Section 21 Abolition
How will it affect you as an agent or landlord? In the short term little will change because the government understand that whilst they might want to champion the abolition, several other significant subjects have to be addressed and amended first.
The two key issues are the sorting out of the court systems and the altering of Section 8 notices to make them fit for purpose as the only means of eviction.
The courts currently are both understaffed and underfunded, hence they can be slow and cumbersome if a landlord has to go down that route. The courts need adequate funding in order to specialise in a housing court (first tier tribunal or housing court) with specialist knowledge across the board on housing matters and disputes. In conjunction, a lot more of the laborious paperwork needs to be available electronically so it can be done online, thereby streamlining the process, making it simpler and quicker for a landlord to get to court and to obtain a legally binding ruling.
The removal of a “no fault” eviction sounds simple but it is fraught with inherent problems that need to be very carefully and logically teased out by legal professionals, so that there are not unintended consequences in the rulings into the future. Section 8 notices at present require a fault on behalf of the tenant, to be able to go before the courts. Whilst there are many instances of rent arrears and anti-social behaviour, it is rare that a Section 8 would currently be used due to the longer time frame and potential of a ruling that does not lead to a possession being granted.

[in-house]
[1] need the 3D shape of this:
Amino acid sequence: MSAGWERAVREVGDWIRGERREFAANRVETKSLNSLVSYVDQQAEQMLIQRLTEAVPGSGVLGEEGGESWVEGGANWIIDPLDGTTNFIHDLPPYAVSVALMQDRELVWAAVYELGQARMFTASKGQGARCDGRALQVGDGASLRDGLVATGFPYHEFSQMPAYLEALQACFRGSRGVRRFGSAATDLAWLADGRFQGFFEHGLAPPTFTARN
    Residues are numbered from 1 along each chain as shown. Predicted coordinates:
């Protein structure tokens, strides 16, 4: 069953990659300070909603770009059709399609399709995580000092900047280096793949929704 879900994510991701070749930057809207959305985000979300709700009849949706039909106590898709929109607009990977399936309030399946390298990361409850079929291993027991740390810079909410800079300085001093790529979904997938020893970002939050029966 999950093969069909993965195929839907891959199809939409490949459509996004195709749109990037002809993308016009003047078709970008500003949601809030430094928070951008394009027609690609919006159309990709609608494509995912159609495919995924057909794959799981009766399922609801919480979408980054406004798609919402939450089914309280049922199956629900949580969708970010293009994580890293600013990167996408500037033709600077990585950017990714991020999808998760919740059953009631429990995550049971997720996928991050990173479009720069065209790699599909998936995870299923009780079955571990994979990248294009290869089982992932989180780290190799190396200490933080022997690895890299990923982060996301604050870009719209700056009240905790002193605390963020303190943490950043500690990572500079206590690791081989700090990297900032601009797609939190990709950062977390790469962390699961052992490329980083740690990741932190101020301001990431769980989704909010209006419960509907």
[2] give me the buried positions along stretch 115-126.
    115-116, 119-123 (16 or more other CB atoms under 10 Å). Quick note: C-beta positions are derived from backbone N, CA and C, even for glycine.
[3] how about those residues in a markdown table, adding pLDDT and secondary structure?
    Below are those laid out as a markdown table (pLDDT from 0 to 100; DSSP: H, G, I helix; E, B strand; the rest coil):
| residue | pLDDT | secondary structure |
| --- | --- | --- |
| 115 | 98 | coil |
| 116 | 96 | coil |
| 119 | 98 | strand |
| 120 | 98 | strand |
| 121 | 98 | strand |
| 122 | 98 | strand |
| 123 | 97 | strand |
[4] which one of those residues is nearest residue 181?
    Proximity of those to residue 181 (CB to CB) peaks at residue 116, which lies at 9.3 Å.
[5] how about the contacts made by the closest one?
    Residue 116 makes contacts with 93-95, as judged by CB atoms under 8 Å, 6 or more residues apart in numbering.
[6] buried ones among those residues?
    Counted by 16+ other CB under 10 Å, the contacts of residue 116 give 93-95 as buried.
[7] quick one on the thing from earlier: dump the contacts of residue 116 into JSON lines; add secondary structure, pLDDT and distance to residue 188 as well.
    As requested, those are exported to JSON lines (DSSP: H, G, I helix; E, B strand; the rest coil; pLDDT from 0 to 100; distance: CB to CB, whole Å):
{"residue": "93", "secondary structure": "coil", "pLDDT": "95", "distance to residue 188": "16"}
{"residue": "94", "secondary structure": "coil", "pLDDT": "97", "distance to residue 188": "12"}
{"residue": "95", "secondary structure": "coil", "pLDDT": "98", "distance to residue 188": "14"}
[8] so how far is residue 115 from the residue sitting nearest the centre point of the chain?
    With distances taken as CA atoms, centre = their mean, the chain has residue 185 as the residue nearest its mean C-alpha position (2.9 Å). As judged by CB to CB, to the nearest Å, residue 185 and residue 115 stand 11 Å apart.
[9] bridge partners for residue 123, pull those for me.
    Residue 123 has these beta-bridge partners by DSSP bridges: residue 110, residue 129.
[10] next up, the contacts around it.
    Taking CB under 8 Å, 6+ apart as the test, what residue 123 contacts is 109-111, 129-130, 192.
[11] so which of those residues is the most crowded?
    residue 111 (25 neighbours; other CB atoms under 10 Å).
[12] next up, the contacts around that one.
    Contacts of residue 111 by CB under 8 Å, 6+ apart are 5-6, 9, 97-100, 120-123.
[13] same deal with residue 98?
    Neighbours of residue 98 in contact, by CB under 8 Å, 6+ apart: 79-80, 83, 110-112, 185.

The majority of Section 21 evictions are for genuine reasons, either from the landlord (needs to sell, needs access back into the home etc) or because the tenant needs to move on, and this may necessitate help from the local authority. In either circumstance, by having to use a Section 8 notice, the process will be slower with an uncertain outcome and for tenants the possibility that the local authority will decide that by making themselves voluntarily homeless they do not meet the requirements for future help.